I took a quick glance at my 2009 manual yesterday and it looks like the recommended valve clearence check is 15,000 miles.
 

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Thanks Michael for the insight. I just passed the 15K mark this past weekend and am currently trying to decide if I want to do this job or send to the dealer. I would rather do it myself, and your info is a great help!
 

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Thanks Michael for the insight. I just passed the 15K mark this past weekend and am currently trying to decide if I want to do this job or send to the dealer. I would rather do it myself, and your info is a great help!
Glad to help.

If I could give any major piece of advice, it would be to be patient. Don't plan to get it all done in one afternoon, or even necessarily, one day. Because I needed shims and ordered them online, my V was apart for 12 days.

Take your time every step of the way. Things that are less scary like the gas tank or airbox can be trickier than they seem depending on how easily the various hoses and connectors come apart and go together.

If you position the cams as I described, the cam caps are very cooperative. The critical items are: don't drop anything where it doesn't belong and make sure you position the cams correctly when reassembling.

I used a tiny bungee cord to keep tension on the cam chain so that it would keep its engagement with the crank sprocket while the cams were out.

If you have to adjust any valves, while you're in there, measure the shims of the valves you are not going to adjust and record those. Write everything down! By knowing the current measurements and what shims are in there, you can anticipate what shims you are likely to need next time and have them on hand (they are likely to move to the next smaller shim, if they move at all). I will be ordering a few sets of the 5/$1.99 shims (as referenced in posting #7 by Invader above) before my next check at 30K.

Follow the directions for removal and replacement of the cam chain tensioner as outlined in the manual, which included turning the motor over by hand a few times to let the tensioner reset itself. At that point, re-check your cam timing.

I left the cam cover gasket in place on the top of the head so I wouldn't have to break the old sealing material on the right side cam cutouts. This made replacing the cover tricky. It took me several minutes to tease the gasket into the groove of the cover all the way around. But I took my time, and checked over and over with a flashlight and by feel until the cam cover settled nicely onto the gasket. You'll know it when it's right.

And check that FI light before you put all the bodywork back on!:)

Michael
 

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Question from a non-mechanic: If at 15,000 my bike runs as good as the day I bought it (or feels like it) what is the downside to skipping the valve clearance check ? Is this something that a) gives tinkerers another up-close-and-personal task and b) gives the dealer a little extra cash, or is it actually a really necessary component of maintenance ?

I don't mind having the dealer do it, but I ride my bike as my primary transpo and to leave it in the shop for a week for something that might just be a friendly suggestion more than a required maintenance is a real drag.
 

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Question from a non-mechanic: If at 15,000 my bike runs as good as the day I bought it (or feels like it) what is the downside to skipping the valve clearance check ?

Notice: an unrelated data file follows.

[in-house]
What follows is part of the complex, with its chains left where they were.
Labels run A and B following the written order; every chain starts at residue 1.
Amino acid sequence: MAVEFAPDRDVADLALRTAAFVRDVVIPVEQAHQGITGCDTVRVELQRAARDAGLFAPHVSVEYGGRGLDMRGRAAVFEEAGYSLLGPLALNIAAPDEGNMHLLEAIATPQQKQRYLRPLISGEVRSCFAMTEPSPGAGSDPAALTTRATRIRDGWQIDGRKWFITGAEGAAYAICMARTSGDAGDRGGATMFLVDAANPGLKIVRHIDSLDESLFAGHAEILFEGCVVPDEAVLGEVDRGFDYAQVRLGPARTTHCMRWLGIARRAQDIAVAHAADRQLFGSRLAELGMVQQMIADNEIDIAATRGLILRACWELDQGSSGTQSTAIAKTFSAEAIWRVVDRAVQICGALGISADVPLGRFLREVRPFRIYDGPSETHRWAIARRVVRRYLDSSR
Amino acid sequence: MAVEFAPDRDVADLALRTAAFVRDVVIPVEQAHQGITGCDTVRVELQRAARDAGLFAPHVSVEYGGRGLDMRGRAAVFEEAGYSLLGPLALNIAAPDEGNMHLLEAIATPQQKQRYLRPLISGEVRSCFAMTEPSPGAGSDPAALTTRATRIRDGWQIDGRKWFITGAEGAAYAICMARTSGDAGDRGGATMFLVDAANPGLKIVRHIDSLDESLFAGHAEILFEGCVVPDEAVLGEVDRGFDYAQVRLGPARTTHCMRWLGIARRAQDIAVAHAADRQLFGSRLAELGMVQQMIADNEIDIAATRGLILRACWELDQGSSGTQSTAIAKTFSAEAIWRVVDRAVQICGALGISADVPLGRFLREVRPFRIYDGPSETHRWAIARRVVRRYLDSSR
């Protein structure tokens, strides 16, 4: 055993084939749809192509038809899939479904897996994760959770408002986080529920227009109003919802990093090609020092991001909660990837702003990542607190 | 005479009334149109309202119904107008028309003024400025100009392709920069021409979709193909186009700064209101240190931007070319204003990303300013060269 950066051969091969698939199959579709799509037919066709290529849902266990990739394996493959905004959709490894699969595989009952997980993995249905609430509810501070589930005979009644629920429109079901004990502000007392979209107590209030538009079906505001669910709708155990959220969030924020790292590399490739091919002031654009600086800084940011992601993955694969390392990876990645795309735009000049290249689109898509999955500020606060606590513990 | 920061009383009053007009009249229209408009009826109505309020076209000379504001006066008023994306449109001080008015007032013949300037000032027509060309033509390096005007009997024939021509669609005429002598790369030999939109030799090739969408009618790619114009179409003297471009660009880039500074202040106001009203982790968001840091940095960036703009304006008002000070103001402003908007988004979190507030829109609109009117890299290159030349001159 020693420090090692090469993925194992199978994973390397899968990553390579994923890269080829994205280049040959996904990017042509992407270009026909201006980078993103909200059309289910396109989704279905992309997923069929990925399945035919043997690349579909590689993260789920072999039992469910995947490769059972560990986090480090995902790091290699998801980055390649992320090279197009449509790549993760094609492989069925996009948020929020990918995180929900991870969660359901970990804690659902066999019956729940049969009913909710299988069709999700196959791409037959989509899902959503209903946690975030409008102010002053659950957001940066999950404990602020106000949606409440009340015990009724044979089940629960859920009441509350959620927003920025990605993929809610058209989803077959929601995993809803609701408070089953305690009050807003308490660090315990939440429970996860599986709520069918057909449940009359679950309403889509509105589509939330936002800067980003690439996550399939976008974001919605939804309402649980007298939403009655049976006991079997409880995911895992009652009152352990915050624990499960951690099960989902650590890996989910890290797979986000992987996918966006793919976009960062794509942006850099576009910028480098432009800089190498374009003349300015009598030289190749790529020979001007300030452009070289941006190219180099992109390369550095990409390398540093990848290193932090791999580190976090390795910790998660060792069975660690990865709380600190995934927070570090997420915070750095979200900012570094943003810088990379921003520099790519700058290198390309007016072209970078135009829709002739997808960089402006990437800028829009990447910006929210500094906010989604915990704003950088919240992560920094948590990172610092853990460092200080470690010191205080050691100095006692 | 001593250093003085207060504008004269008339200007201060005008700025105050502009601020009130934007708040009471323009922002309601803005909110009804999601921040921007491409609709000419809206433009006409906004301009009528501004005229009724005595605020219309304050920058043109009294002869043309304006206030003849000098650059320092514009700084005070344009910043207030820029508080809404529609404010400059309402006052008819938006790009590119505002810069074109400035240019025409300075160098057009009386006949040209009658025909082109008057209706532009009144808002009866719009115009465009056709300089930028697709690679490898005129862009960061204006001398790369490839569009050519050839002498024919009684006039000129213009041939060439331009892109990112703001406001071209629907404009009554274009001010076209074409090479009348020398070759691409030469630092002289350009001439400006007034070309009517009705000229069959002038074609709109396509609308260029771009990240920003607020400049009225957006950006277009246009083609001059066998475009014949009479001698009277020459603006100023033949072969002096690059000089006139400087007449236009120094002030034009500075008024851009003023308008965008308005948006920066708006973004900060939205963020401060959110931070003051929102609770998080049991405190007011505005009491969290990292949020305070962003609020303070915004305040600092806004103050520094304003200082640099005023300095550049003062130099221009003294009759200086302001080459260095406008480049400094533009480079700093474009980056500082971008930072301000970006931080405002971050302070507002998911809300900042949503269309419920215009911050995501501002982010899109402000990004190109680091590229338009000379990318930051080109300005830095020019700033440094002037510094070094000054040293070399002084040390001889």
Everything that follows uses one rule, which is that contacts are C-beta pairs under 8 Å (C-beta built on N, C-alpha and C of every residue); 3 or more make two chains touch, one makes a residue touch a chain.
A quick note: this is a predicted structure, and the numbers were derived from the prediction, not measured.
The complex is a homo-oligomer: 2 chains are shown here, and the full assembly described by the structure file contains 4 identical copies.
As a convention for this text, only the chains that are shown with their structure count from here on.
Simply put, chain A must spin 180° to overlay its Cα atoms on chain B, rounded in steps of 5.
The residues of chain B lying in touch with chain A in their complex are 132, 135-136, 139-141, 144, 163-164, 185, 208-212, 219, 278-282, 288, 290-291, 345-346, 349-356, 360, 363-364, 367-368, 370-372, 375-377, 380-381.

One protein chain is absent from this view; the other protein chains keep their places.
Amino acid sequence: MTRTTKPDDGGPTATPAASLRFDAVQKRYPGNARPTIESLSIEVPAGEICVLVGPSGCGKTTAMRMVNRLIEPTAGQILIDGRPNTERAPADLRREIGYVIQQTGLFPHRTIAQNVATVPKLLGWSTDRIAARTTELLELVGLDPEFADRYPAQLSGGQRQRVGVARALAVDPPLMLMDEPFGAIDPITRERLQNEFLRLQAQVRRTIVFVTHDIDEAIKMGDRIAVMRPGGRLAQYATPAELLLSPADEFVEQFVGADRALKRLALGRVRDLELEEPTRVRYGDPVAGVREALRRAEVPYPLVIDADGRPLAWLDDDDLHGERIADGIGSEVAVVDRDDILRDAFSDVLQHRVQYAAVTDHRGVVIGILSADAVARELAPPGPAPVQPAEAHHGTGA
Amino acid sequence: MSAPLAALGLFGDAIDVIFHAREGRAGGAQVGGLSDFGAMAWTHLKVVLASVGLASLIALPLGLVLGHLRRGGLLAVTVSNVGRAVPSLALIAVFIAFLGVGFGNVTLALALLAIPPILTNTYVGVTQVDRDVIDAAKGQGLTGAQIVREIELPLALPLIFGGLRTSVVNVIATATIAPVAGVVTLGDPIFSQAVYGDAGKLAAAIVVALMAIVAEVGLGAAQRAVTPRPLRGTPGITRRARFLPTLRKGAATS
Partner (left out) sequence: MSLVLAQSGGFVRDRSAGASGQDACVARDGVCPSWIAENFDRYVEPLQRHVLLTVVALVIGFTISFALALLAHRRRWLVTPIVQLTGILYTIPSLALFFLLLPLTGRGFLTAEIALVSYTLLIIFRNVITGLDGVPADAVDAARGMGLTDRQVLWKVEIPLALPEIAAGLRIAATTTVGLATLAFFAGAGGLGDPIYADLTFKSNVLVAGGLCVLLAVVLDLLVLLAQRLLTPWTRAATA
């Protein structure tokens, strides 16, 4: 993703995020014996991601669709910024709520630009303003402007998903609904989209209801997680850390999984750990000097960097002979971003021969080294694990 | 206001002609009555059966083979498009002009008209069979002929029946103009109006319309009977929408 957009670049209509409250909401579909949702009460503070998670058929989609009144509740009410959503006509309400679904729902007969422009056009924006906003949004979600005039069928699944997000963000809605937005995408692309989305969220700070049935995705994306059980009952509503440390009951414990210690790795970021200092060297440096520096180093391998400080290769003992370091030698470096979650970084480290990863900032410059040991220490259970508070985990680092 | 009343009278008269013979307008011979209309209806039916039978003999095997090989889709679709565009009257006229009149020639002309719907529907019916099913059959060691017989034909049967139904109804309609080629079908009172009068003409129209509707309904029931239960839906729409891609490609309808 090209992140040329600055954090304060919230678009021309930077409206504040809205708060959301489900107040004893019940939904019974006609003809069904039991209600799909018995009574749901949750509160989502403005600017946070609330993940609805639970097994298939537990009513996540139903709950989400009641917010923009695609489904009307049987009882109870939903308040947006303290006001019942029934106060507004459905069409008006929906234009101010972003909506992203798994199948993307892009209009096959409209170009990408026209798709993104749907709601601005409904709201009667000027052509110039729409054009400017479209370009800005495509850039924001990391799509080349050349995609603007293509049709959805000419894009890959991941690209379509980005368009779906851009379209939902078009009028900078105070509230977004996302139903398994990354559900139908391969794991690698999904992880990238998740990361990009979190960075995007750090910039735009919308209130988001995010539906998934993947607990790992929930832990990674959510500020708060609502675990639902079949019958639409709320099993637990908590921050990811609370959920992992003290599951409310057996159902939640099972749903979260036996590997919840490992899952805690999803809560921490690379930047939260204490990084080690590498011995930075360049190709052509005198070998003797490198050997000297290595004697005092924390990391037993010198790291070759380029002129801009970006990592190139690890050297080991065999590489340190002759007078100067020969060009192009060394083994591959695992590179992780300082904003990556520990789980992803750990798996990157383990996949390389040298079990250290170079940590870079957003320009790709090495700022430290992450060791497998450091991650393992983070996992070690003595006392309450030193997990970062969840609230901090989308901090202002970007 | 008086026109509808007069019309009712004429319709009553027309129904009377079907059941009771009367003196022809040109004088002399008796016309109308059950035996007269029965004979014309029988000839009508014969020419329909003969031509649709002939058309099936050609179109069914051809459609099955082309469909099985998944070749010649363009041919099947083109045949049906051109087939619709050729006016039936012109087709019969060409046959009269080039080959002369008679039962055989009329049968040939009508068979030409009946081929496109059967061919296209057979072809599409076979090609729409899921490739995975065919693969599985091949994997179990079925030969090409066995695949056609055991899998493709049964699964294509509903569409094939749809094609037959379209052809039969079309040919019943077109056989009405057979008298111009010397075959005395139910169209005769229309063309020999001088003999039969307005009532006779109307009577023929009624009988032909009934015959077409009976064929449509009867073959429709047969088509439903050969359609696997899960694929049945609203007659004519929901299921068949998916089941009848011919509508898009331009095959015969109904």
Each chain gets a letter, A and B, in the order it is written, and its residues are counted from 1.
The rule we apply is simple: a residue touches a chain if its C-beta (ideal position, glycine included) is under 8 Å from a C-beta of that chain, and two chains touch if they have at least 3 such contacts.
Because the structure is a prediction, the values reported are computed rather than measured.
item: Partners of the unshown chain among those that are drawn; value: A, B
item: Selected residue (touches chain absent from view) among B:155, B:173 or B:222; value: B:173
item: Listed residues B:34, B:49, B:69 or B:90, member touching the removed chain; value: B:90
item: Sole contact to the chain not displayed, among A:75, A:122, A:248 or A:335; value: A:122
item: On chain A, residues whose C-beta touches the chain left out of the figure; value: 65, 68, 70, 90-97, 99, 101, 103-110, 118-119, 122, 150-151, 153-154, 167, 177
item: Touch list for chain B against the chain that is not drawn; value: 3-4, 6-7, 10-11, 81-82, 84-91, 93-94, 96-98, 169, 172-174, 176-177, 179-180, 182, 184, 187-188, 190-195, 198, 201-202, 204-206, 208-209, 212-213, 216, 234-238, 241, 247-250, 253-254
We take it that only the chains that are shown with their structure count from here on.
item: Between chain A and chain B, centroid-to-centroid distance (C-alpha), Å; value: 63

If the valves have a bit too much clearance they’ll just get noisy. If they have way too much they won’t open as far as they’re designed to and there will be a reduction in power.

If the valves have too little clearance (and you won’t know by how it feels to ride it) they won’t stay closed as long as they’re supposed to and that’s extremely serious because (especially on the exhausts) they won’t cool adequately (they cool by transferring their heat to the valve seat/cylinder head while they’re closed) and that will likely result in a burned valve and major engine work.

It should be a one day job (several hours actually) for a shop. If your shop can’t promise to have it back to you by the next day, consider taking it somewhere else that will... (but in any case, only take it to someplace with a reputation for good work).

Good luck
.
 

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Haven't opened mine up, yet, but it would seem sensible to try to seal off the cam chain tunnel with a rag or something to prevent parts from dropping into it. Not sure if that's actually feasible, or not.

In any case, great writeup, Thanks, Mike

V-Zee
 

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Question from a non-mechanic: If at 15,000 my bike runs as good as the day I bought it (or feels like it) what is the downside to skipping the valve clearance check ? Is this something that a) gives tinkerers another up-close-and-personal task and b) gives the dealer a little extra cash, or is it actually a really necessary component of maintenance ?

I don't mind having the dealer do it, but I ride my bike as my primary transpo and to leave it in the shop for a week for something that might just be a friendly suggestion more than a required maintenance is a real drag.
The only way to know what your valve clearances are at, is by checking them or having them checked, which is relatively easy compared to adjusting... At 4600 miles, one exhaust valve clearance was under minimum at 0.21 mm, while another was at 0.27 mm:

Exhaust: 0.24, 0.26 / 0.27, 0.21 mm
Inlet: 0.20, 0.17 / 0.18, 0.17 mm
(Specs: Exhaust 0.22 - 0.31 mm, Inlet 0.15 - 0.21 mm)

I set all my exhaust clearances at 0.26 mm and inlets at 0.18 mm, and can now ride with total peace and confidence. :thumb: